If you are planning to give the boss a Christmas-Hanukkah-Kwanza present — either out of devotion, fear or for job security — be advised it better be cheap. Like maybe a clay ash tray your kid made.
By the same token, if an outsider doing business with you and your agency offers you a big-screen TV or an all-expenses vacation in Cancun, don’t start packing your Speedo. Just say no. Either that, or start studying prison etiquette.
The wise grinches at the K Street law firm of Tully, Rinckey PLLC here in D.C. have one word of advice for you: Fuggedabout it!
The point is that there are federal laws governing who can give whom a gift, and how much whom can spend.
According to the law firm, “government workers who attempt to give superior even moderately priced gifts could find themselves facing suspension or removal…Employees who wish to extend holiday cheer through a gift for the boss are limited to a cap of $10.”
Ten dollars. Think of what that will buy. In this day and age, even with the recession, that’s maybe a cup or two of your favorite brew at Starbucks.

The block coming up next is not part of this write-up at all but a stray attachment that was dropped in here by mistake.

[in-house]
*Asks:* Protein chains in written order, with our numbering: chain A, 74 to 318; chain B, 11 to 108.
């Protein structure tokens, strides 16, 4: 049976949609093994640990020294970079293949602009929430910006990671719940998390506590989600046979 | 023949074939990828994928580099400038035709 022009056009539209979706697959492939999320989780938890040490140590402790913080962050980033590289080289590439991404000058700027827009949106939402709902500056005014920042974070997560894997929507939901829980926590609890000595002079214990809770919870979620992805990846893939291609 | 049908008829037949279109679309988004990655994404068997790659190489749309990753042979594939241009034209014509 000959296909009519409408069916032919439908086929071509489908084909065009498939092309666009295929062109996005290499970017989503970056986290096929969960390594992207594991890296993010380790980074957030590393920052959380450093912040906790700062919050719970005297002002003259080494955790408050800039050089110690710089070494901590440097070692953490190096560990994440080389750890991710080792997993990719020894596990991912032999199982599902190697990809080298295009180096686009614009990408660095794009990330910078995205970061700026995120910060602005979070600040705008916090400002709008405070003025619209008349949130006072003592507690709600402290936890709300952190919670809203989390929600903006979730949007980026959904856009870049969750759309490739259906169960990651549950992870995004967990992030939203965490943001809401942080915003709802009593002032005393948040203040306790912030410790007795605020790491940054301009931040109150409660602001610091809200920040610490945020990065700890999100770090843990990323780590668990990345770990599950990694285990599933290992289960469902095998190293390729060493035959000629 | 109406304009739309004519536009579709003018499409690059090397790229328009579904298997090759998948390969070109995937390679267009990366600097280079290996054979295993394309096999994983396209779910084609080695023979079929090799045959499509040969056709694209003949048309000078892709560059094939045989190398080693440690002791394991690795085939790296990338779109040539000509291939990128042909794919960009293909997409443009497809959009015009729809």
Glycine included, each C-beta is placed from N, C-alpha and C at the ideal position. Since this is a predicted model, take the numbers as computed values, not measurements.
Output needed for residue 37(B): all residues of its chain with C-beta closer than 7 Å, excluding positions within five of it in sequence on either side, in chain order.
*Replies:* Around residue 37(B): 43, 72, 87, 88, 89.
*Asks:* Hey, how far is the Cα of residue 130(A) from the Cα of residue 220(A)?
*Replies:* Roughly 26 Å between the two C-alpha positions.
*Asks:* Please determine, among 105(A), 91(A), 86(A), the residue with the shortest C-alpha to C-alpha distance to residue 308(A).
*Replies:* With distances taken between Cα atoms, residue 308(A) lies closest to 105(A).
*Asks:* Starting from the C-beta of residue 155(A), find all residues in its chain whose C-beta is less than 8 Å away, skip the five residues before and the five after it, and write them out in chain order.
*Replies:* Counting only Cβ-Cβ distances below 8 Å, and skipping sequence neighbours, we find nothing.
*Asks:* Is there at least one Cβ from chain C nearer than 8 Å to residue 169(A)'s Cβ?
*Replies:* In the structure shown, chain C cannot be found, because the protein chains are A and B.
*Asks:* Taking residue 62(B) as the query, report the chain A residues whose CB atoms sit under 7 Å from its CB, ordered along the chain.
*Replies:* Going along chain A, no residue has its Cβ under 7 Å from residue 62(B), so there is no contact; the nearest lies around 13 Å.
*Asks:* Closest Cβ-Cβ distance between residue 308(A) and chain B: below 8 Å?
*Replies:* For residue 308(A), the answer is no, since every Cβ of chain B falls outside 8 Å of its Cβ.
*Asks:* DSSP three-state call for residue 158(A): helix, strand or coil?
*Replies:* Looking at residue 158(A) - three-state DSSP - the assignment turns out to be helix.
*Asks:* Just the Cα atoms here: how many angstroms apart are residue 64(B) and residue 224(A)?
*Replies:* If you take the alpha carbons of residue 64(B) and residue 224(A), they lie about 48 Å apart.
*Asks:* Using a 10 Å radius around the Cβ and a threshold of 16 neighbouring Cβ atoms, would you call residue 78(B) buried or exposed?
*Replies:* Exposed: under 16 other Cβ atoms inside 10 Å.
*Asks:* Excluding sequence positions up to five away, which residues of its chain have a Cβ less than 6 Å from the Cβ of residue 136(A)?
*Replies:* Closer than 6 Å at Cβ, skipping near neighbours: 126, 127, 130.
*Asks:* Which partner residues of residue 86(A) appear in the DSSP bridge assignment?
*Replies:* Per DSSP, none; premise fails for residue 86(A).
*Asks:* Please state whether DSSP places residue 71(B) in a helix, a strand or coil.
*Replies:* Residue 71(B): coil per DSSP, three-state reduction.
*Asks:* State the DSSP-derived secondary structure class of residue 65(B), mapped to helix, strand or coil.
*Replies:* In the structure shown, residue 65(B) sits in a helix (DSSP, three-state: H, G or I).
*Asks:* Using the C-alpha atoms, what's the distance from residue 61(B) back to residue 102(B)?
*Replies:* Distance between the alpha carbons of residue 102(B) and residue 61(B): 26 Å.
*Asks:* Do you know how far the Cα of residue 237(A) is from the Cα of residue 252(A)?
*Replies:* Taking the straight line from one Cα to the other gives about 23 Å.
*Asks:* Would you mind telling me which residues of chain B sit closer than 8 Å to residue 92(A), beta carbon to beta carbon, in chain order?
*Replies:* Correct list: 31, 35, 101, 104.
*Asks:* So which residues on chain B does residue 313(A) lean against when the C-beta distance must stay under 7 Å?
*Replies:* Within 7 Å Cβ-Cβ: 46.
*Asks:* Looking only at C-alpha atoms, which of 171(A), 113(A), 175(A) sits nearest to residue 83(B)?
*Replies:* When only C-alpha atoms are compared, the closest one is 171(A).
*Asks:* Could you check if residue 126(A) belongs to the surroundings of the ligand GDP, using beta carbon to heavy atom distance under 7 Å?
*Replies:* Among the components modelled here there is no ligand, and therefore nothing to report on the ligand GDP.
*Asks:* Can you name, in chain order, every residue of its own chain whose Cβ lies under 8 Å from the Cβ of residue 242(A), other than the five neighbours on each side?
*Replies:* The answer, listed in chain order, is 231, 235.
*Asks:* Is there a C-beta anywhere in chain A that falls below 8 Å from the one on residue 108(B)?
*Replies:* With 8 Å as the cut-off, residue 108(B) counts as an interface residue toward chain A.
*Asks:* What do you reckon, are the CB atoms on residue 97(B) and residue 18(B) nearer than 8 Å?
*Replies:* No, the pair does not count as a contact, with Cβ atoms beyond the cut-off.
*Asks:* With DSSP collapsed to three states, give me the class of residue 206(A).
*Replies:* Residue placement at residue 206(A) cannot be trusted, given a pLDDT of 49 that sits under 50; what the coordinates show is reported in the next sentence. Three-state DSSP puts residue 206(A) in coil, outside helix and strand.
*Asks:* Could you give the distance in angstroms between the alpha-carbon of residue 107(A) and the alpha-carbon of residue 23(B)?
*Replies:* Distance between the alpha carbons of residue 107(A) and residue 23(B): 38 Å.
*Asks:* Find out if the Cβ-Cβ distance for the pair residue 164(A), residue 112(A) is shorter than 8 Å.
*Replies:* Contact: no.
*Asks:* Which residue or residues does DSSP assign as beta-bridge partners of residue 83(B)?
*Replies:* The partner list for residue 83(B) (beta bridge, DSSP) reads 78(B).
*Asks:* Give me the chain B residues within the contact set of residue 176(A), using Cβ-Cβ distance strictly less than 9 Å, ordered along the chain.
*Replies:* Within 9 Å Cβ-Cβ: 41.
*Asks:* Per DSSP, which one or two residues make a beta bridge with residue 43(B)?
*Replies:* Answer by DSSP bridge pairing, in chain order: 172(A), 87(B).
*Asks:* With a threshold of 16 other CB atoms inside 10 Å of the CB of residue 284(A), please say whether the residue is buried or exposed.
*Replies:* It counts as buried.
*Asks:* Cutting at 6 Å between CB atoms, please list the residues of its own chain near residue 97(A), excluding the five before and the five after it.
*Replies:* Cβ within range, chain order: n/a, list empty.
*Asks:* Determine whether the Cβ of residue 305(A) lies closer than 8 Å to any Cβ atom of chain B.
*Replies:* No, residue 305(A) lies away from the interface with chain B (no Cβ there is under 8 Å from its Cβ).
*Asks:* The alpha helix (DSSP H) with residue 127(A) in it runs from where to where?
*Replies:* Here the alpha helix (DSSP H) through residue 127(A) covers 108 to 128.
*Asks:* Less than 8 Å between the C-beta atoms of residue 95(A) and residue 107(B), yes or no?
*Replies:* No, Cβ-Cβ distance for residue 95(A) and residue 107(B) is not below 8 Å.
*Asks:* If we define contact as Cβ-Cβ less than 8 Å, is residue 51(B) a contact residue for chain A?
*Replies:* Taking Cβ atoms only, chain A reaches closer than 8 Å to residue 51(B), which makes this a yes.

Ten dollars will get you a musical Justin Bieber tooth brush. I bought three (boy, are the lucky recipients going to be surprised!) for $9.99 each. Now the question is would the sales tax put me over the limit if I were a fed courting my supervisor? It would be a shame being assigned to a chain gang over a couple of pennies.
Much, much more serious than a gift for the boss, is the situation where a federal worker — say a contracting officer — accepts a gift from a “prohibited source.” There are a variety of definitions but the bottom line is that it is somebody who wants something from the employee or his agency. Like he/she gives you a big-screen TV, hockey tickets, a mink coat, etc. And you accept it.
The tough part is drawing the line between customers and bona fide friends. Over the years, people do develop genuine friendships. In cases like that keep the total amount of the gift (or gifts over a one-year period) to under $50. Or you and your friend might wind up being fired or fined or, best case scenario, put in the same cell.
The flashpoint, according to the law firm, is that “this policy can really become complicated…when a simple gift leads to a favor because of the position the federal employee holds. The exchange can quickly domino into ethical questions and criminal charges. ” Bottom line, according to attorney John P. Mahoney, is that it’s the thought — not the price tag — that counts!
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